The mood at the Labour party conference this year was noticeably more sullen than last year. No guesses why. Despite the wall to wall sunshine, the sea-side location, and the doubling in party membership, the fact remained: Labour lost the election.
Last year was very different. With an election in eight months, and a seemingly stable lead in the opinion polls, party activists gathered with a sense of hesitant optimism. I left the Manchester conference last year feeling invigorated – Labour was going to be in government. No one was to know of the devastation that lay ahead. May 8th was most definitely omnipresent in Brighton this year.
The vast majority of conference speeches were not some much dedicated to our defeat, but to what onslaught lay ahead under five more years of Tory rule. At least in that respect we were forward-looking. If it were not for the copious amounts of free alcohol, bumping into Owen Jones in a cellar nightclub and the beautiful weather, it may have been unbearable. The picture could not be bleaker. Every single Tory policy insulted every fibre of being at conference. The very future existence of the party, starkly at threat under the new Tory Trade Union Bill, took central stage. It was from this that the party tried to stand tall. And to some extent, there is reason to be hopeful.
I met many new members in and out of conference who joined since the election; even some that had joined since Jeremy Corbyn had been elected leader only two weeks before. Disgusted by the prospect of Conservative hegemony, they were ready, devoted, to begin the task of laying Labour’s road back to power. And this new energy could definitely be felt everywhere. Conference buzzed in a very different way to the hopeful optimism of 2014. This was a determined anger, a very real horrified anger, to fight back against Tory rule.
It felt electric. The election of Jeremy Corbyn had thrown everything up in the air. The rules of the game had changed. My friend from home, Harriet, and I went to a fringe event by the Labour Representation Committee (a hard left pressure group within the Labour party) because it was to feature speeches from Corbyn and its Chair, John McDonnell, in an old community centre, and this was where the change was most present. It felt very socialist. But also very authentic. It wasn’t the gleaming conference meeting rooms of the main conference site or the Hilton Brighton Metropole but an ordinary setting. McDonnell’s tear-inducing speech to the packed crowd emphasised the new socialism that was now dominant.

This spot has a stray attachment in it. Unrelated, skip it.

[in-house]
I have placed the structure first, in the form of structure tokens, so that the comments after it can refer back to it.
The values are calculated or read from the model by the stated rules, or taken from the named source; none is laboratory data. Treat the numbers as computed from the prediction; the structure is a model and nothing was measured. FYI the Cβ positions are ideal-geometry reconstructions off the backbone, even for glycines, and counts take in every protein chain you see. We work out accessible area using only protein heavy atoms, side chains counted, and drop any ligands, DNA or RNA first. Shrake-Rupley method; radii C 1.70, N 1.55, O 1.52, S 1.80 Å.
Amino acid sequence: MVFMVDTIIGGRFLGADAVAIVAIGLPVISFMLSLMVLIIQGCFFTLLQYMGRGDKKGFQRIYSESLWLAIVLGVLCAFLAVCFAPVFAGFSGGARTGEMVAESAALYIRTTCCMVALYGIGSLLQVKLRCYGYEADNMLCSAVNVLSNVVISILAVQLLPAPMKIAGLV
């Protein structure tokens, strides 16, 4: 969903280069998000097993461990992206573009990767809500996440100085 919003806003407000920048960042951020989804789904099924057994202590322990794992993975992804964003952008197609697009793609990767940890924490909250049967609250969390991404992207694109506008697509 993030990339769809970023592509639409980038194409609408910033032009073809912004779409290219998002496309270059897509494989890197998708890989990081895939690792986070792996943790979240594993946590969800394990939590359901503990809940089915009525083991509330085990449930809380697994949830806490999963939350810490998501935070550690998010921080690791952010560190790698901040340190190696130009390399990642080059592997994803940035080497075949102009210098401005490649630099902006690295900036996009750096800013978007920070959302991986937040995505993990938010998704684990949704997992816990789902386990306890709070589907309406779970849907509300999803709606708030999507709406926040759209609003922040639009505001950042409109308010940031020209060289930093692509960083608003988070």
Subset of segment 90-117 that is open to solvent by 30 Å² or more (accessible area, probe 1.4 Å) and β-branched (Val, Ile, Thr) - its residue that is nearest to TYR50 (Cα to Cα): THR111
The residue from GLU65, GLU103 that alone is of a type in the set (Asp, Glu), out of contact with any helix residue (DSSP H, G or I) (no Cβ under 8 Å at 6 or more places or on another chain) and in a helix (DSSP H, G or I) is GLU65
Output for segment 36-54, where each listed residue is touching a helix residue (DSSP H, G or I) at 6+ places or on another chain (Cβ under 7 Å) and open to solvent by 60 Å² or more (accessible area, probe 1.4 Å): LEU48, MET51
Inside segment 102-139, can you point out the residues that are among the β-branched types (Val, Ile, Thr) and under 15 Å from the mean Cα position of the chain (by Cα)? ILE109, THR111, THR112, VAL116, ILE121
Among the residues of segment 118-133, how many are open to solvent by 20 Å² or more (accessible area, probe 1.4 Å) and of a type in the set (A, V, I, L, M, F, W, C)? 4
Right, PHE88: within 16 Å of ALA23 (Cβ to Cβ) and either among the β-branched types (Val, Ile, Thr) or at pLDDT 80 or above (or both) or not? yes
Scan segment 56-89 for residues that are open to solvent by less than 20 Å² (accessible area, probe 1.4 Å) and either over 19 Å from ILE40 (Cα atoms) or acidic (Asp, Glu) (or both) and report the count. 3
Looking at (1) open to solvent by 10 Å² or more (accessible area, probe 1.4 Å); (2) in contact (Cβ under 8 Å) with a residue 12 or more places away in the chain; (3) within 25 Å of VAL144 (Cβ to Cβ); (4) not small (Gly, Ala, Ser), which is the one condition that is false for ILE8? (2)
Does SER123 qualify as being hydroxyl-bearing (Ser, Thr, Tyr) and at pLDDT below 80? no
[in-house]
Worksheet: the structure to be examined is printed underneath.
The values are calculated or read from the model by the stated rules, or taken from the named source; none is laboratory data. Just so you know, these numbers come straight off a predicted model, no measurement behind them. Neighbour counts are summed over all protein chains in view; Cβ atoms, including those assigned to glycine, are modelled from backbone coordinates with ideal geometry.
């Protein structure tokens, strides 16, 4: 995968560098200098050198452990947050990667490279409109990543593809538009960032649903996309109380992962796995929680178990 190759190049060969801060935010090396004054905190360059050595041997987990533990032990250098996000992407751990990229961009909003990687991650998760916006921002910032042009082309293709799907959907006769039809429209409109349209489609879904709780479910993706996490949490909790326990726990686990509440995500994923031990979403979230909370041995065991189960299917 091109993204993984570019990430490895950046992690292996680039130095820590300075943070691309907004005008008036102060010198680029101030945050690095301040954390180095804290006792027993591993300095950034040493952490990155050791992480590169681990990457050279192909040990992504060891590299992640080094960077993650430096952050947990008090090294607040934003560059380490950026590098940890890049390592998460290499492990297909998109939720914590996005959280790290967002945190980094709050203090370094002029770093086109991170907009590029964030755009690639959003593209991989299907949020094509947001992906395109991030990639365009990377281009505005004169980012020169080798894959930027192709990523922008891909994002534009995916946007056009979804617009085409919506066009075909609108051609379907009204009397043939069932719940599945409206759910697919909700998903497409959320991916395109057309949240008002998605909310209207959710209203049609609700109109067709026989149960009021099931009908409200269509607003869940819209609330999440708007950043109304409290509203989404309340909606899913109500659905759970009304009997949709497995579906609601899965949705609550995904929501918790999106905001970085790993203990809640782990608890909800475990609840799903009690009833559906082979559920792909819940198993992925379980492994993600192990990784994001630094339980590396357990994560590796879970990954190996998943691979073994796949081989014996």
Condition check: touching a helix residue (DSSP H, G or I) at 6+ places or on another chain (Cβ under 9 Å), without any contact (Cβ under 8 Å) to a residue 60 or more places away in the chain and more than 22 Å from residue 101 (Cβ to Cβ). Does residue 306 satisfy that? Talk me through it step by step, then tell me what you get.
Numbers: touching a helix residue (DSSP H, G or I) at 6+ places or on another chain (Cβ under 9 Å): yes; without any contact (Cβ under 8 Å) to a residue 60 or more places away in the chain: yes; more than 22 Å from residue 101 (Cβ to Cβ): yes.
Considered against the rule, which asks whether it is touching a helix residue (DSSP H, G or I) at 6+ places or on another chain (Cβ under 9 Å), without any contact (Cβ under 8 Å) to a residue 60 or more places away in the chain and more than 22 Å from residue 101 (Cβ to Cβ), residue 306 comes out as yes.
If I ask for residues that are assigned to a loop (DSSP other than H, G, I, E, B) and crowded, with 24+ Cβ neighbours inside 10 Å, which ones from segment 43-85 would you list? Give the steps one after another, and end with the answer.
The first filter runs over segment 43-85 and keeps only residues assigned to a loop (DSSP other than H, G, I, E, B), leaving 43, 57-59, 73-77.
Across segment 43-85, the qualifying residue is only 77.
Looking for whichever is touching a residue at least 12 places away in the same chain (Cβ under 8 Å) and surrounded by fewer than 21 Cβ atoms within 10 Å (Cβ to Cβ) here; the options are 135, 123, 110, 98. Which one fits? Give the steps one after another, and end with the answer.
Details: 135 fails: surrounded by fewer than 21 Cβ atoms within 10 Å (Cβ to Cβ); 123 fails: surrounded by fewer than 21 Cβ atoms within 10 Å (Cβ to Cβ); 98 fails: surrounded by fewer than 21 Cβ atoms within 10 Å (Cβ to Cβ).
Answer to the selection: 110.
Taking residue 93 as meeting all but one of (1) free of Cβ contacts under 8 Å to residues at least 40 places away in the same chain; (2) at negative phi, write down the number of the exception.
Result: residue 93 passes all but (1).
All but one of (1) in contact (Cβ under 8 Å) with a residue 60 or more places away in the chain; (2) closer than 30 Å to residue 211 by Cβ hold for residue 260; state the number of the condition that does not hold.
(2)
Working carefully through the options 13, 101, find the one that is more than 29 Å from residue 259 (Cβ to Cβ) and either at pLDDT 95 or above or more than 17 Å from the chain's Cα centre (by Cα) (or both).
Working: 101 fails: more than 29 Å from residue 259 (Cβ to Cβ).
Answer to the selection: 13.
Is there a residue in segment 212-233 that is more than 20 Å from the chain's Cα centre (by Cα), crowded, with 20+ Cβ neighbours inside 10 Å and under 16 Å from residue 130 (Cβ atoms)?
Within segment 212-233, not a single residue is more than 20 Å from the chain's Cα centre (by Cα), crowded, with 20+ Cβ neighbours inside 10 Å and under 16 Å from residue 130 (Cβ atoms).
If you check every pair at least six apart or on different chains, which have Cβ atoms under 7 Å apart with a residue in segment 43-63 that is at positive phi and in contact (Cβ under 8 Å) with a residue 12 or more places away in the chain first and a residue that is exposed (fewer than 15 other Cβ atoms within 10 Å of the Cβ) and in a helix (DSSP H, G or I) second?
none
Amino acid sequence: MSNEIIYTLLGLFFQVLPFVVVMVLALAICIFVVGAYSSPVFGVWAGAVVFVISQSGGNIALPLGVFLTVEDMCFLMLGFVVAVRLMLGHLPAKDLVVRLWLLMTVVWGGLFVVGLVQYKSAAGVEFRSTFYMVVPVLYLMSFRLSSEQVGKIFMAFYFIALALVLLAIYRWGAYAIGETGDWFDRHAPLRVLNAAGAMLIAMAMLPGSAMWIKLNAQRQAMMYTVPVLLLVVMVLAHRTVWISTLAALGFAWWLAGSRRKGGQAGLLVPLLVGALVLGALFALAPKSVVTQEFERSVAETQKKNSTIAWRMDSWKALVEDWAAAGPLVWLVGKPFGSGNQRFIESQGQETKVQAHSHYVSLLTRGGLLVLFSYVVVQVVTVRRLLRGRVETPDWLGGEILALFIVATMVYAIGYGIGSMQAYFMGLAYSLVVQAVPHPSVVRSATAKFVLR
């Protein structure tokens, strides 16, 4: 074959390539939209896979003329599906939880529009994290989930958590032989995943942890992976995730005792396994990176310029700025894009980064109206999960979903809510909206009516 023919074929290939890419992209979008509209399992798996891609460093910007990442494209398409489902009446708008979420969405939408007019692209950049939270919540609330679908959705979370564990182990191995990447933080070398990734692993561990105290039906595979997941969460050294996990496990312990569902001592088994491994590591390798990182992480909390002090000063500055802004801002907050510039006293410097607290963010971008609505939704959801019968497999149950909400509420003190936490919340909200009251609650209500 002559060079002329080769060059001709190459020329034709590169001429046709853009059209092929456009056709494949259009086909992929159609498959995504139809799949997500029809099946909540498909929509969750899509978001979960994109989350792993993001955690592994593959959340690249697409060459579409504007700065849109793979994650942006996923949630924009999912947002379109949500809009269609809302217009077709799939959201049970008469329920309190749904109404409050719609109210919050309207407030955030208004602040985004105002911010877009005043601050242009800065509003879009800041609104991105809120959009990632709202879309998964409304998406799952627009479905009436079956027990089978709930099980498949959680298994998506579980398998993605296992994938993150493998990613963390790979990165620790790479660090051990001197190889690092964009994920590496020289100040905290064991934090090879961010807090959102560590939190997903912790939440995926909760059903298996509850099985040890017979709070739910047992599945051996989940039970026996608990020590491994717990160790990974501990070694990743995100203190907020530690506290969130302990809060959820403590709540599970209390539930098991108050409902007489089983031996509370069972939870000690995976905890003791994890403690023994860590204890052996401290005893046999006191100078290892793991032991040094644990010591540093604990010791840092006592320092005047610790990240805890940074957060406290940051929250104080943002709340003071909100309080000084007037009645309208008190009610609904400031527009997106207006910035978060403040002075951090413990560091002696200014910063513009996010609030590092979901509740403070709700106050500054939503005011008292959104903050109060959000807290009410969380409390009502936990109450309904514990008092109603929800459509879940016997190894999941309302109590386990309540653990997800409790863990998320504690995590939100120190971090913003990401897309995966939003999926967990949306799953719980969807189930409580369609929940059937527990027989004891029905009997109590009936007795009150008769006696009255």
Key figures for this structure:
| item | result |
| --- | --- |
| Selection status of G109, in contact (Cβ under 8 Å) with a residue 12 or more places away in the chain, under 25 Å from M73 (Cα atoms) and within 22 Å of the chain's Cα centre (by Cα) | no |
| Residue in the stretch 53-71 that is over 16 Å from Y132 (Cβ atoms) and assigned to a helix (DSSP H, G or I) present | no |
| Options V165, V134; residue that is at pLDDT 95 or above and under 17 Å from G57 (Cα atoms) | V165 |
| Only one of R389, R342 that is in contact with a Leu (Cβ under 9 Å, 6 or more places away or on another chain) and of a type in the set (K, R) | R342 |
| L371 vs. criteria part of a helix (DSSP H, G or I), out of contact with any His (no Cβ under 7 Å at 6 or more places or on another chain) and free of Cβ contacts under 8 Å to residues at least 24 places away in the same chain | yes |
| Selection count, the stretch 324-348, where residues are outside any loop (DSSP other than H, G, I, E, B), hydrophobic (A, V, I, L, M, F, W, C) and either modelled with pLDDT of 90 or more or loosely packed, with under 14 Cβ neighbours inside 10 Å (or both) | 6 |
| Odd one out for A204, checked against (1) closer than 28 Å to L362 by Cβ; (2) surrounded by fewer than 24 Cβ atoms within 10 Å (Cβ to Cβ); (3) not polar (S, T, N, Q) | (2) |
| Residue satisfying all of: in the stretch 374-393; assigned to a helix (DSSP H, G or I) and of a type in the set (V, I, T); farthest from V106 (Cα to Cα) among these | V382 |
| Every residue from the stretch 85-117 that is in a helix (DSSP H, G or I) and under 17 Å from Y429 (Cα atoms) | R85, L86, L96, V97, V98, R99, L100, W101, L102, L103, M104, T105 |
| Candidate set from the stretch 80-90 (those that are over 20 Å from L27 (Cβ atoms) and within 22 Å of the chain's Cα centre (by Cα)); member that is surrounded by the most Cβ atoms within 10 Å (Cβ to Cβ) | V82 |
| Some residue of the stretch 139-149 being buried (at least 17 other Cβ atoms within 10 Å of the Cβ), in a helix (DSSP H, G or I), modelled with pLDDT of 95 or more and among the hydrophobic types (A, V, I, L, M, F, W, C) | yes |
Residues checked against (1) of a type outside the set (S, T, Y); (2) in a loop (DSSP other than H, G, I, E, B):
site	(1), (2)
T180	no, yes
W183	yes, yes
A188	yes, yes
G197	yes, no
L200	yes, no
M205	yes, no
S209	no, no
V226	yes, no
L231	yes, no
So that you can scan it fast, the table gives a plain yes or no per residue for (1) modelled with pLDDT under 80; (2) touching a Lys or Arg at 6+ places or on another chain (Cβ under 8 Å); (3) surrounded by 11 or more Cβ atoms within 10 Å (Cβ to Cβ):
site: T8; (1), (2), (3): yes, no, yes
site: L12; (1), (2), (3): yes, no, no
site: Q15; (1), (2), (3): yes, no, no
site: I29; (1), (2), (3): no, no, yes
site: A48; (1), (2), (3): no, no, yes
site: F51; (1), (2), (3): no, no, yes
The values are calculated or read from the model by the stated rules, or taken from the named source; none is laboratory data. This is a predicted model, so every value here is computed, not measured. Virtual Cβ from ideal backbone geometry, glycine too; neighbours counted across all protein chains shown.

Labour is becoming a movement once more, a real social movement, with people dedicated and passionate about changing Britain. Just how far the party had come in a year was most obvious in our new leaders. Corbyn and McDonnell were markedly more personable, approachable, and humble than Miliband and Balls – who were constantly guarded in a bubble of advisors last year, that were bustled in and out of rooms with as little interaction with ordinary conference attendants as possible. More than once I saw McDonnell walk down the Brighton promenade on his own, being approached by seemingly people off the street. It was refreshing. Just one aspect of the new politics promised.
Despite this, I was originally very sceptical about Corbyn’s leadership. He was my second preference, after Yvette Cooper, and I remained cautious after he was elected, but at conference I changed my mind. I personally only had a very brief interaction with Corbyn – I had already got a selfie with him at one of the leadership hustings this summer – where he recalled being from Shropshire (my home county), but his composure instantly warmed me to him. He is a real gentleman of integrity and principle.
Harriet and I, and former OULC co-chair Madalena, queued for well over an hour to see Corbyn’s conference speech and I confess to being underwhelmed. I was waiting for the slick rhetoric and soundbites that never came, holding my breath for delivery to knock me off my seat. But that was when I realised that I was focusing on the wrong things. The actual content of his speech was exactly what I wanted to hear. He was softly spoken and oozed authenticity and it was at that exact moment that I realised that I was converted.
Shortly after, I returned to the house we were Airbnbing before my train back to Oxford, and I was talking to the lady we were staying with about the speech and, whilst she was excited by the potential of his leadership, she was not entirely convinced that he could be our Prime Minister. And this thought lingered with me. Can Jeremy Corbyn be Prime Minister? This is the question that he must now ensure Britain answers with “yes”. Corbyn must now utilise the real energy and excitement his leadership has generated and realise his opportunity to change our country for the better.
Image: David Parton